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Use Compassion and Understanding to Achieve Family Harmony

Use Compassion and Understanding to Achieve Family Harmony

    Every family encounters a situation where the actions or inaction of a particular family member has a negative effect on the rest of the group. These issues are difficult to resolve because families are a fragile and complex unit.

    Because of the complexity, people have to be sensitive and compassionate when dealing with family issues. The family has to come together, discuss the issues and come up with a solution that takes into account the needs of the family member at the center of the issue and the needs of the rest of the family. Otherwise, missteps can result in the division of the family unit and years of emotional bitterness.

    Stage 1: Group

    Creating a group

    Make sure to involve everyone who is suitable and capable of offering help. Otherwise, the group will run the risk of leaving resources on the table and exclude family members who have a vested interest in the process and outcome.

    It is best to avoid the following people when forming a group:

    • Ex-spouses
    • Estranged relatives
    • People who are immersed in family politics
    • Aggressive personality types
    • People with personal agendas

    Commitments

    It is important to make certain commitments during the planning process.

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    These include:

    • To avoid passing judgment on the person in question
    • To be compassionate during every step of the process
    • To avoid personal agendas

    Stage 2: Questions

    The group has to answer some key questions before any planning can take place.

    These include:

    • Why have we gathered?
    • How is this issue affecting the group?
    • How has this issue manifested itself?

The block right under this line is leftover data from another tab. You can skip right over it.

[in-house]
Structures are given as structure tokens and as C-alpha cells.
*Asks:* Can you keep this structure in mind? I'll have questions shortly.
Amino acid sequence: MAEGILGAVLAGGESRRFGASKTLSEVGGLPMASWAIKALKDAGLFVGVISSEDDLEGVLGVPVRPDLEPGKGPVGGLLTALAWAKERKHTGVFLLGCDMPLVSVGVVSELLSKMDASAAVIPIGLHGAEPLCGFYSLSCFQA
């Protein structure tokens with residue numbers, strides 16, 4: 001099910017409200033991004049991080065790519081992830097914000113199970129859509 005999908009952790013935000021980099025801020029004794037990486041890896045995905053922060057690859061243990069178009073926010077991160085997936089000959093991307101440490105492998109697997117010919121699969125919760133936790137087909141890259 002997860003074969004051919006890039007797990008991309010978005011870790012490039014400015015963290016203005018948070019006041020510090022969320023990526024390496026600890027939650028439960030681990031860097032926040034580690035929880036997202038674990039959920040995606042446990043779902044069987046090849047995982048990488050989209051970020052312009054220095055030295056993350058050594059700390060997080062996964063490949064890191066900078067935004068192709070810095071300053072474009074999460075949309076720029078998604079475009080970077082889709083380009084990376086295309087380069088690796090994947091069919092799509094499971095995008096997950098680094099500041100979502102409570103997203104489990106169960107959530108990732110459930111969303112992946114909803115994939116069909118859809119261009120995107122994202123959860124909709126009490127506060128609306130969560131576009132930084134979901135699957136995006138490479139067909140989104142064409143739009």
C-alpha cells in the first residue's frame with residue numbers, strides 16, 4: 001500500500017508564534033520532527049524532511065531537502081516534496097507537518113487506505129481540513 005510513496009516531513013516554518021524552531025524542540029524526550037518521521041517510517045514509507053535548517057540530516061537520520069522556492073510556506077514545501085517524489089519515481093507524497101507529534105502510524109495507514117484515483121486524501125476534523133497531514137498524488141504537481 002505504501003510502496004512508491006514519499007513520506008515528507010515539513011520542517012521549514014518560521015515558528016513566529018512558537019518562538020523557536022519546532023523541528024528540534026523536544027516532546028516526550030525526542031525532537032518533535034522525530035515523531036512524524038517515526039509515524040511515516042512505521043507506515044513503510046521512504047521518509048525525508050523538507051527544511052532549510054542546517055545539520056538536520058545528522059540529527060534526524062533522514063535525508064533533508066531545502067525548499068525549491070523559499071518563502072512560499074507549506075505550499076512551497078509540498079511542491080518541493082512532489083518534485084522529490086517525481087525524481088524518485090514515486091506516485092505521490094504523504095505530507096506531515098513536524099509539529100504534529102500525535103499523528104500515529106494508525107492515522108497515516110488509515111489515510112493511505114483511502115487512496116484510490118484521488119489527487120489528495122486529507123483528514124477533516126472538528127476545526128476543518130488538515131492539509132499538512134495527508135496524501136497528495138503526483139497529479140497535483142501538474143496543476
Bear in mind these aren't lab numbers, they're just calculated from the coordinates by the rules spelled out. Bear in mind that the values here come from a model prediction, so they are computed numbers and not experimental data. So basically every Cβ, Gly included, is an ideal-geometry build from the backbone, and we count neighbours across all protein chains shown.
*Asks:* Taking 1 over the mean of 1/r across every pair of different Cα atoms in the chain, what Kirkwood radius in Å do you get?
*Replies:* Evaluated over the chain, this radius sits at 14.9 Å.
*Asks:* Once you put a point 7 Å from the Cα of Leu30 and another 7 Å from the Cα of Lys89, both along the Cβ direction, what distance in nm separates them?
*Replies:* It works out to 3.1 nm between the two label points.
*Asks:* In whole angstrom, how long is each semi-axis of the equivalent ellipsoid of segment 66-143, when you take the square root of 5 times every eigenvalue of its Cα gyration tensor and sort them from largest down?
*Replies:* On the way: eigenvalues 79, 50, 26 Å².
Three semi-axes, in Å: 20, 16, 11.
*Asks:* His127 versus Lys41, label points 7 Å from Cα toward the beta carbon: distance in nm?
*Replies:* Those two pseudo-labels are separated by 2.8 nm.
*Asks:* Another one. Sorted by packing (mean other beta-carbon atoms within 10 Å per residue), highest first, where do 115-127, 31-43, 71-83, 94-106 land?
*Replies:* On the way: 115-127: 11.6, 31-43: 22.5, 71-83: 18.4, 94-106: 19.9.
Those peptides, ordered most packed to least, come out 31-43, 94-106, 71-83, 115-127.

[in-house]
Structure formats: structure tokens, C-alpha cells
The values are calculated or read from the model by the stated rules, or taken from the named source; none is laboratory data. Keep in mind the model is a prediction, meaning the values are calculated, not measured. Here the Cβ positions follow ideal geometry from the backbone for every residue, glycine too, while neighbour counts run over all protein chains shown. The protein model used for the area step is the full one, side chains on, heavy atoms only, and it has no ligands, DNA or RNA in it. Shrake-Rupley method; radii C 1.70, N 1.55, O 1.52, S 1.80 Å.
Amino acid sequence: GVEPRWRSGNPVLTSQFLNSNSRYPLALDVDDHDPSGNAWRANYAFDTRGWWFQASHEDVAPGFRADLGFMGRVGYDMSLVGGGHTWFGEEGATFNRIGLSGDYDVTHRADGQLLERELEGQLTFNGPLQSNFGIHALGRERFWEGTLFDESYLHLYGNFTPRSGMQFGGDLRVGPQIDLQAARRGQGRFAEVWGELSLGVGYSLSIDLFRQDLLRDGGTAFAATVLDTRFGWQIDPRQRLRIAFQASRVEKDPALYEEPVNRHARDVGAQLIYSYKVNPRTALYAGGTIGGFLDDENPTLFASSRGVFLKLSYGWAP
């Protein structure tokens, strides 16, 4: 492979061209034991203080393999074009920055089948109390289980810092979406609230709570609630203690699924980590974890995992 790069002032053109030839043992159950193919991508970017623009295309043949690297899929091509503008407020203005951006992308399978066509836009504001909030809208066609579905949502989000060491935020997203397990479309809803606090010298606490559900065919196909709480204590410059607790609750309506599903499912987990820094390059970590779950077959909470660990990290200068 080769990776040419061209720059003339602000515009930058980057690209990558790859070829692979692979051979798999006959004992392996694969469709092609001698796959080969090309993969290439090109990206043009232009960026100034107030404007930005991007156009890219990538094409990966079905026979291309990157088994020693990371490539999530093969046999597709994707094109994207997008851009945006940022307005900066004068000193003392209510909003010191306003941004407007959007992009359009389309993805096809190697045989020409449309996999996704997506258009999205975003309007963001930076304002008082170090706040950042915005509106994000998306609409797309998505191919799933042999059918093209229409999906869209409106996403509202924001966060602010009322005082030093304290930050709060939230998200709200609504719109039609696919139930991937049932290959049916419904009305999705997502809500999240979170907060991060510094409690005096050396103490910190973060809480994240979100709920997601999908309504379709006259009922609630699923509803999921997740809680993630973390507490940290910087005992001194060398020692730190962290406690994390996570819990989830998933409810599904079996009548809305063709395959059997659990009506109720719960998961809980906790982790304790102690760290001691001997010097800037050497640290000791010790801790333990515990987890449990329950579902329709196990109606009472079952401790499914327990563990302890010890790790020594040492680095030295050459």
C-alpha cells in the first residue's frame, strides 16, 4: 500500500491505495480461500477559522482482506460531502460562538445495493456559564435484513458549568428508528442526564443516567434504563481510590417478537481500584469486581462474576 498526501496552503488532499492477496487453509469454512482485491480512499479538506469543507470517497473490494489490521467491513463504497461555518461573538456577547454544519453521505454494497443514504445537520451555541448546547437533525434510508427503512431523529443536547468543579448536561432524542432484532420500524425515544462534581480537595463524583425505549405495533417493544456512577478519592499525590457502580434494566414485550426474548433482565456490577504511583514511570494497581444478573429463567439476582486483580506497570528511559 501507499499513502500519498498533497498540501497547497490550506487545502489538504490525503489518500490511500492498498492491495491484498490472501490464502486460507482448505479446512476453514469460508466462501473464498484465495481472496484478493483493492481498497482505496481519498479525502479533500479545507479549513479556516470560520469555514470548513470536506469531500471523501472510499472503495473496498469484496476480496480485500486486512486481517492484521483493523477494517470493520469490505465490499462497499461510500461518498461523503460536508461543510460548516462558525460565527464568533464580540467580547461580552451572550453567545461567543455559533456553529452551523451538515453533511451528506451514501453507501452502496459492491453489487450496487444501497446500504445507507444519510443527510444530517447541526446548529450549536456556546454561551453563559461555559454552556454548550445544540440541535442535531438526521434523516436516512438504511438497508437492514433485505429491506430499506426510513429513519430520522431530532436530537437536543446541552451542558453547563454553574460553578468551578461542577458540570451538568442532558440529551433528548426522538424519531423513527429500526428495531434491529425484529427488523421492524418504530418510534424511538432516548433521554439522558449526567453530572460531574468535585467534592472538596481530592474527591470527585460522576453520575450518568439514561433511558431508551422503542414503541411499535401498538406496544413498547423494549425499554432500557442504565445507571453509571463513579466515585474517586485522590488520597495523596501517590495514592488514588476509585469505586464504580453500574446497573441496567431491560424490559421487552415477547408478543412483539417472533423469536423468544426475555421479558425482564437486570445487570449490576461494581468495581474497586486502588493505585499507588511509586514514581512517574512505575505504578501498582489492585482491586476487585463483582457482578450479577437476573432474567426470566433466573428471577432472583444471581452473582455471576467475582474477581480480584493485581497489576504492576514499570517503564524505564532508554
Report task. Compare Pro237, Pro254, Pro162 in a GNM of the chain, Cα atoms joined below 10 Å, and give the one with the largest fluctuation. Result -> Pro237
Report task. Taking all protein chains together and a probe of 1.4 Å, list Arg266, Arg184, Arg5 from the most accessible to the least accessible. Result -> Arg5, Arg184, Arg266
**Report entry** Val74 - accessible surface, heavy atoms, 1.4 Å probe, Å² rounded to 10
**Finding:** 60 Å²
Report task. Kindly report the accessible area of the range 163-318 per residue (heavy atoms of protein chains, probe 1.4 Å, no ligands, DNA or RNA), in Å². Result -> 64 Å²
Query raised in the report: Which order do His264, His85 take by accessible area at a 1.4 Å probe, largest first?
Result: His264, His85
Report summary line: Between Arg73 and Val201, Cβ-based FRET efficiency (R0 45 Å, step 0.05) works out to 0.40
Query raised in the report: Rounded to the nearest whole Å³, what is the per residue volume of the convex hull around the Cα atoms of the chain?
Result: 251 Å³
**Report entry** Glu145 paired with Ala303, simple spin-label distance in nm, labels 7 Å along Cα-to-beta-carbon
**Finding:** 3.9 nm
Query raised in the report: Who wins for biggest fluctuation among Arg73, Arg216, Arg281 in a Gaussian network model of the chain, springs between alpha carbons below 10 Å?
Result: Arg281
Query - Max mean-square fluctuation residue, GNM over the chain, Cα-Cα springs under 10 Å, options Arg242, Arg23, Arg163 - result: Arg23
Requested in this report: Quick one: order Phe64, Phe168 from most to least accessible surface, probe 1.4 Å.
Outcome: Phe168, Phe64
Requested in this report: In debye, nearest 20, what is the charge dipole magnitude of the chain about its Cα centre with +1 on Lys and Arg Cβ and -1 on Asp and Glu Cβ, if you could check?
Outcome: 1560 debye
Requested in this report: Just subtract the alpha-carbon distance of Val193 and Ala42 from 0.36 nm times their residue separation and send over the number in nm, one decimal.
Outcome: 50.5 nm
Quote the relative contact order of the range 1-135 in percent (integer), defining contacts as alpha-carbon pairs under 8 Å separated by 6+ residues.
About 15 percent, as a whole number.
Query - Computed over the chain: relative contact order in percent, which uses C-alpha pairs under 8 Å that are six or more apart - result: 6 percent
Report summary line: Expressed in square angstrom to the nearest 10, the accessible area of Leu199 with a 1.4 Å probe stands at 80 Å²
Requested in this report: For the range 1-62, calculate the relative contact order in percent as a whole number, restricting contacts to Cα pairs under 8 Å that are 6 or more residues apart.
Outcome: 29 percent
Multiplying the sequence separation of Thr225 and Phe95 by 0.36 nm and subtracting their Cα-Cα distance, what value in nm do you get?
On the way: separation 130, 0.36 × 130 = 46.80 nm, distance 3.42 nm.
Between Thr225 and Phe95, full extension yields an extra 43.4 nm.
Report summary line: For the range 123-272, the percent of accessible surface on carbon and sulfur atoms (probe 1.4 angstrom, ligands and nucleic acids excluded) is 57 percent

• Why do people want to see this issue confronted and resolved?
    • What are people’s intentions?
    • What are we hoping to achieve by working together?
    • What do you consider a successful outcome?

    It takes time and compromise, but everyone needs to enter the process with the same objectives.

    Stage 3: The Planning Sessions

    Indeed, three factors decide when, and if a plan will be implemented, including a timeline, milestones to measure progress and a regular inventory of resources.

    Having a person agree to the solution and then not being able to deliver on the promises of support and resources, will result in a loss of trust and a fracturing of family unity.

    Other issues to consider when developing a plan:

    · Location for meeting with the family member

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    · Individual commitments

    · Communication between group members

    · Available Resources

    • Friends
    • Programs
    • Money

    Stage 4: The Agenda

    The Agenda will guide the group during their meeting with the relative.

    It includes:

    • Statement of Love and Support
    • The intention of the meeting
    • Solutions
    • Plan of Action
    • Possibility of Failure
    • Agreement

    It is a systematic run down of everything that the group has discussed and agreed upon. Also, leave enough room on the agenda to make notes and make changes to agenda items during the confrontation.

    Stage 5: The meeting

    Opening Statement of Love and Support

    Begin the conversation with a statement that demonstrates the group’s commitment to helping the person in question

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    Intention of the Meeting

    Ask for everyone’s cooperation and make it clear that everyone has a right to be heard without interruption. Also, remind everyone of the importance of the meeting and how it is in everyone’s best interest to act in a polite and considerate manner.